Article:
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320th Rifle Division (Sept. 24, 1941 – May 19, 1942)
320th Rifle Division (Aug. 5, 1942 – 1946)
Major General I.I. Shvygin, ca. 1940-42
Major General I.I. Shvygin, ca. 1940-42
Active 1941–1946
Country  Soviet Union
Branch Red Army flag.svg Red Army
Type Division
Role Infantry
Engagements Crimean Campaign
Battle of the Kerch Peninsula
Battle of the Caucasus
Donbass Strategic Offensive
Nikopol–Krivoi Rog Offensive
First Jassy–Kishinev Offensive
Second Jassy–Kishinev Offensive
Siege of Budapest
Vienna Offensive
Decorations

Order of the red Banner OBVERSE.jpgOrder of the Red Banner (2nd formation)

Order of suvorov medal 2nd class.jpgOrder of Suvorov 2nd class (2nd formation)
Battle honours Yenakiyevo (2nd formation)
Commanders
Notable
commanders
Mjr. Gen. I.I. Shvygin

The 320th Rifle Division was formed in September, 1941, as a standard Red Army rifle division, based on an existing division of militia. This formation was devastated in the Kerch Peninsula in May, 1942, and officially disbanded before the end of the month. A second division began forming in the Transcaucasus in August, and served for the duration in the southern regions of the Soviet-German front. It distinguished itself in the liberation of Yenakiyevo in March, 1943, but also suffered massive losses, including the death of the division's commanding officer, along the Dniestr River in May, 1944. A substantially rebuilt division soldiered on through the Balkans, ending the war near Vienna.

1st Formation[edit | edit source]

The division first formed on Sept. 24, 1941 from the 1st Crimea Militia Division[1] at Feodosiya. Its basic order of battle was as follows:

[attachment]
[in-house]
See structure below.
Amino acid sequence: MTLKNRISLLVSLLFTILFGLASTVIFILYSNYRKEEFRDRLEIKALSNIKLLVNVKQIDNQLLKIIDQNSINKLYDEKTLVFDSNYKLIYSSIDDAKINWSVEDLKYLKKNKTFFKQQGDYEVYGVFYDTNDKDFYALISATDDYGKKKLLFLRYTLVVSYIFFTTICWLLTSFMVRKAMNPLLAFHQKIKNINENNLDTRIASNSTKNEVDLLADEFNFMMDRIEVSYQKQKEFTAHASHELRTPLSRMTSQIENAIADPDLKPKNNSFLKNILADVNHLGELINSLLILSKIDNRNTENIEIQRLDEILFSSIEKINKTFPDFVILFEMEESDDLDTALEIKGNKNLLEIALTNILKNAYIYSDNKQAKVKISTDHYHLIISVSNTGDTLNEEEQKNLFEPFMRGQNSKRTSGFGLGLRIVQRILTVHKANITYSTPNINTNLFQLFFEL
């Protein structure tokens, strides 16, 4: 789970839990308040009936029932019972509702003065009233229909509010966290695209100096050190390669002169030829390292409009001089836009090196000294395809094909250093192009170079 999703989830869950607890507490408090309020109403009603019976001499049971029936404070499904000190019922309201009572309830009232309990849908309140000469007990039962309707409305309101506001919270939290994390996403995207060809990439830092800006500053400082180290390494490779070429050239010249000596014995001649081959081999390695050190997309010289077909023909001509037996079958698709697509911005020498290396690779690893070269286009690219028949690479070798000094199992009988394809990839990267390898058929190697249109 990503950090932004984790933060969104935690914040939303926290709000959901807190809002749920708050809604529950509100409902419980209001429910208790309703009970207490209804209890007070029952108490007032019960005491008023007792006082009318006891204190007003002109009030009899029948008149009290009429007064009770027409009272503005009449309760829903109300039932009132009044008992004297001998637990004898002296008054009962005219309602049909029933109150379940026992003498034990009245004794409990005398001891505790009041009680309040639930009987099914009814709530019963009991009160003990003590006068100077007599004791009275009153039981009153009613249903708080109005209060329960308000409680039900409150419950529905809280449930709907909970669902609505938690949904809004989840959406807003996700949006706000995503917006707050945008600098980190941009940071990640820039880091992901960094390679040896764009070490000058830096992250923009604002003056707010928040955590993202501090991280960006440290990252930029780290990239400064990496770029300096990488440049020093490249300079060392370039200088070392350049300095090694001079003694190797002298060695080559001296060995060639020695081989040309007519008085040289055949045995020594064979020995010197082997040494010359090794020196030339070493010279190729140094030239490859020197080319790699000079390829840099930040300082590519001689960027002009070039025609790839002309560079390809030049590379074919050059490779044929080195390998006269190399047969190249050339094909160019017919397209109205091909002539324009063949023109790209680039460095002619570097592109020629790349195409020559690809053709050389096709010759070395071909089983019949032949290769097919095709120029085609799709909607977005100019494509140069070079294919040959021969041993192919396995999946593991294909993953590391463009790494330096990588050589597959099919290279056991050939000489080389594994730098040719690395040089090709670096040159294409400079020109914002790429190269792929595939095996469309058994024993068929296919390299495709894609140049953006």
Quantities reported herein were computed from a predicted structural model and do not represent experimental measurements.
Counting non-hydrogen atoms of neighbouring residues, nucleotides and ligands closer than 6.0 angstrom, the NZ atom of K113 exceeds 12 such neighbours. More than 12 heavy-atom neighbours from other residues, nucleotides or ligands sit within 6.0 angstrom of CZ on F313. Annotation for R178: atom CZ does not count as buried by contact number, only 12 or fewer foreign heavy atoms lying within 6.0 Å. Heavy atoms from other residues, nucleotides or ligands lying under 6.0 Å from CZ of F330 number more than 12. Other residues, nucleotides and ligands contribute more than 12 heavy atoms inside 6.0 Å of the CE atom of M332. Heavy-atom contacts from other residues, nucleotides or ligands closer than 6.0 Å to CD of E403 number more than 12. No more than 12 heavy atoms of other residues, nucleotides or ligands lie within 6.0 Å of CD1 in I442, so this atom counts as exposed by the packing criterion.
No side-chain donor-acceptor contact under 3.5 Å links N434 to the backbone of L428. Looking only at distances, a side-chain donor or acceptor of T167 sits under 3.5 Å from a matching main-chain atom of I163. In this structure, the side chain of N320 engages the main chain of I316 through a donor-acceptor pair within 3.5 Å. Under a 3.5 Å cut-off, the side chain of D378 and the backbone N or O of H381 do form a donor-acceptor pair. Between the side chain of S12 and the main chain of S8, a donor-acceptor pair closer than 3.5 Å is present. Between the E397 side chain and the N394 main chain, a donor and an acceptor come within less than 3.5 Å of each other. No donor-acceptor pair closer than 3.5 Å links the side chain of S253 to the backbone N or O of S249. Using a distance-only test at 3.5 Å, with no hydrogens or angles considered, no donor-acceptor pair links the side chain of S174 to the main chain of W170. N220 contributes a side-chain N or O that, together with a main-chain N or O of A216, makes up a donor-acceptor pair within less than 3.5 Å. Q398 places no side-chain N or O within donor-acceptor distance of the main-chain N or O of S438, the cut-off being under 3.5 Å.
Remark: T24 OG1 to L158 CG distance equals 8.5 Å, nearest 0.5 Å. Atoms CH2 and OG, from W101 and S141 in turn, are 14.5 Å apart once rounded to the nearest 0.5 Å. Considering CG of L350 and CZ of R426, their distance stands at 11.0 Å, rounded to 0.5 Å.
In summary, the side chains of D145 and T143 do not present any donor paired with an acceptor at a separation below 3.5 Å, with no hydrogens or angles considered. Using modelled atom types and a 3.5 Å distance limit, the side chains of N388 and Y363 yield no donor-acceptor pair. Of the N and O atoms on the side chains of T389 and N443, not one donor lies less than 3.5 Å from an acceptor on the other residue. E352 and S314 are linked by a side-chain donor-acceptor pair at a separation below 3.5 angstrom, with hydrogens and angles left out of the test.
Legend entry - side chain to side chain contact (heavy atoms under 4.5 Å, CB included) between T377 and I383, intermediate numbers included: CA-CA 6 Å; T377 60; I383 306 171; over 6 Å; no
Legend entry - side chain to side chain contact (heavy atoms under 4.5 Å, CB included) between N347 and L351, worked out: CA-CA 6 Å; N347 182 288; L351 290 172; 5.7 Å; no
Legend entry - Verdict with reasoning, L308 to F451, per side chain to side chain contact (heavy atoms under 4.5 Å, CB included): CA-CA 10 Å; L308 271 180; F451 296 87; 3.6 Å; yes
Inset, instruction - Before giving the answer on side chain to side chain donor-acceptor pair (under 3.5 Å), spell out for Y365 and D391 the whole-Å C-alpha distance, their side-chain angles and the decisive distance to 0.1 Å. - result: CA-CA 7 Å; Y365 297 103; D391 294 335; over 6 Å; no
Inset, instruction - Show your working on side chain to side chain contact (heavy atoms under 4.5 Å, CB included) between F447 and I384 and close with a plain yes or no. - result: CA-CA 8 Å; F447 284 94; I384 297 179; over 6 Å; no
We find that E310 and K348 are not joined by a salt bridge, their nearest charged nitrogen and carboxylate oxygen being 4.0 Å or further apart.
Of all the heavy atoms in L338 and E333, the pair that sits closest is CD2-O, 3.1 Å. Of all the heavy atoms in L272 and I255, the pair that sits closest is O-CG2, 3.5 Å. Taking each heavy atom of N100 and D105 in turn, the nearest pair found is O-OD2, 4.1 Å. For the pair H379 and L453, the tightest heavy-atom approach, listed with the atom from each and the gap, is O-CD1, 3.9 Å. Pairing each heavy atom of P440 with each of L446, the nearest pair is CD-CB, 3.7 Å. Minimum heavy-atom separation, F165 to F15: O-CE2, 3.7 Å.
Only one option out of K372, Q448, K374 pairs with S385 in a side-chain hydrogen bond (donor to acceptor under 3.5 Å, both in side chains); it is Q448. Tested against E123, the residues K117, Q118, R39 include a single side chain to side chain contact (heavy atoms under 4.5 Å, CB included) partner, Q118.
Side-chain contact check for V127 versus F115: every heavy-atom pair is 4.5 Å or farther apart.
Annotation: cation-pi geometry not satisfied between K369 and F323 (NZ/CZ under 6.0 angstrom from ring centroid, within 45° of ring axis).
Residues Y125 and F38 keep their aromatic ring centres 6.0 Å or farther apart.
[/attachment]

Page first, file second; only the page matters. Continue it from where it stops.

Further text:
• 476th Rifle Regiment
  • 478th Rifle Regiment
  • 481st Rifle Regiment
  • 985th Artillery Regiment[2]

The division was a "sister" to the 321st Rifle Division, and was also assigned to 51st Army of Crimean Front but was still forming up in late September when the German 11th Army broke into the Crimea from the north, and the remnants of the 320th had to be evacuated across the Kerch Strait to the North Caucasus on Nov. 16. During January and February 1942 the division was rebuilt in the North Caucasus Military District, and in March returned to the Kerch Peninsula following the successful Soviet amphibious landings there.[3] It was all for naught, as the German forces launched their Operation Bustard Hunt on May 8. At this time the division was part of 47th Army, and like most of its army it was chopped to pieces in one of the most lopsided German victories of the war. On May 19 the 320th was officially disbanded in Crimean Front.[4]

2nd Formation[edit | edit source]

A new division began forming on Aug. 5, 1942 at Leninakan, Armenia, in the Transcaucasus Military District. Its order of battle remained the same as the 1st Formation. By the end of August the 320th was assigned to the 45th Army in the Transcaucasus Front, on the southern borders of the USSR and away from the fighting fronts. In October it was assigned to the Northern Group of this front, but remained in reserve until the end of the year. As the German forces withdrew northwards following their defeat at Stalingrad, the division followed up in the 44th Army, liberating the town of Azov on Feb. 7, 1943. By the end of the month the 320th, along with its army, was transferred to Southern Front. In July the division went into the Reserve of the Supreme High Command, then returned to the front at the end of August, still in Southern Front, but now under command of 9th Rifle Corps in 5th Shock Army.[5]

During the Donbass Strategic Offensive, Southern Front finally broke through the German defenses along the Mius River and began exploiting into the Donbass region. The city of Yenakiyevo was liberated on Sept. 3, and the 320th, for its efforts, was given this name as an honorific.[6] When Southern Front became 4th Ukrainian Front on Oct. 20, the division, still in 9th Corps, was reassigned to 28th Army. That army was shifted to 3rd Ukrainian Front in February, 1944, but the 320th, now in 10th Guards Rifle Corps, found itself back in 5th Shock Army in March, which by this time was in 3rd Ukrainian Front. During this period, the division's antitank battalion was completely reequipped with ZIS-3 76mm cannon, replacing the 45mm pieces it had had previously.[7]

Disaster on the Dniestr[edit | edit source]